Clostridium difficile is a major cause of antibiotics-associated diarrhea (AAD), and accounts for 15∼20% of all the cases. Especially, AAD caused by C. difficile is called as C. difficile-associated diarrhea (CDAD). Diagnosis of CDAD is made by identification of C. difficile in the feces obtained from the patients with diarrhea after administration of antibiotics. We herein compared 3 methods, detection of toxin A and glutamate dehydrogenase (GDH) as well as culture for C. difficile. Two hundred and thirty-two samples obtained from 148 patients with CDAD were investigated. Fifty-five (23.7%), 56 (24.1%), and 93 (40.1%) of the 232 samples were positive for toxin A, GDH, and culture, respectively. Sensitivity, specificity, predictive value of positive result, and predictive value of negative result of method of detection of toxin A were estimated to 53%, 96%, 90%, 75% and those of GDH were 56%, 99%, 98%, 78%. These results indicated that we should carefully interpret the results obtained by these methods, especially in the cases that showed negative for C. difficile.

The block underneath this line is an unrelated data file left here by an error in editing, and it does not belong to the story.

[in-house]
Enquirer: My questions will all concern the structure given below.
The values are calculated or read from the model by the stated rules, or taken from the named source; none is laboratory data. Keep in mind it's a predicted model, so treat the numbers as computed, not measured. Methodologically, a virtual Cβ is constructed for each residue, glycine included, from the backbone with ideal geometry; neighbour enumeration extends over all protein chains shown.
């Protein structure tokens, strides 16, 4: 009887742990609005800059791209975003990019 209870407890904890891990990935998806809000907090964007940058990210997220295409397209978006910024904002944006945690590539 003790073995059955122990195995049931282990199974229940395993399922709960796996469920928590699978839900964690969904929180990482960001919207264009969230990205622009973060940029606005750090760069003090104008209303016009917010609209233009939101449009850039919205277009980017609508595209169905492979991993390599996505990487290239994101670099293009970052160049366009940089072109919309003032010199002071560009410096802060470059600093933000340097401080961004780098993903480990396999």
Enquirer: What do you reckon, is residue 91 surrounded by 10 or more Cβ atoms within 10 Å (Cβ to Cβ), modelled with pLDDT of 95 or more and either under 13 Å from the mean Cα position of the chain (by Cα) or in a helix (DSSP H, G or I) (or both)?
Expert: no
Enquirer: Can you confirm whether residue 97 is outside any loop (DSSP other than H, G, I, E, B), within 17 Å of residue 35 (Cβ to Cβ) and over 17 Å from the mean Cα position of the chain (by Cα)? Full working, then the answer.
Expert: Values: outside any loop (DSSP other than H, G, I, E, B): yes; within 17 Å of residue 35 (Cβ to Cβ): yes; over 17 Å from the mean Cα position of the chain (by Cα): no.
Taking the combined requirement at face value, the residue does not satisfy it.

The details on prevalence of heartburn and reflux esophagitis have not been clarified, since no large-scale survey has been conducted to date. Accordingly, we conducted the nationwide survey regarding prevalence of heartburn and reflux esophagitis by asking new outpatients and patients with the first endoscopy to be performed who visited the medical institutions participating in this survey to fill out the questionnaire and undergo endoscopy. The result showed that heartburn was reported from 1,994 patients (42.2%) out of 4,723, and reflux esophagitis classified as grade A-D was reported from 602 patients (16.7%) out of 3,608. Meanwhile, fat intake, sweet food and anti-inflammatory analgesics were proven to be causes of heartburn. Furthermore, frequency of heartburn and severity of reflux esophagitis were slightly correlated, although those were not necessarily obviously related.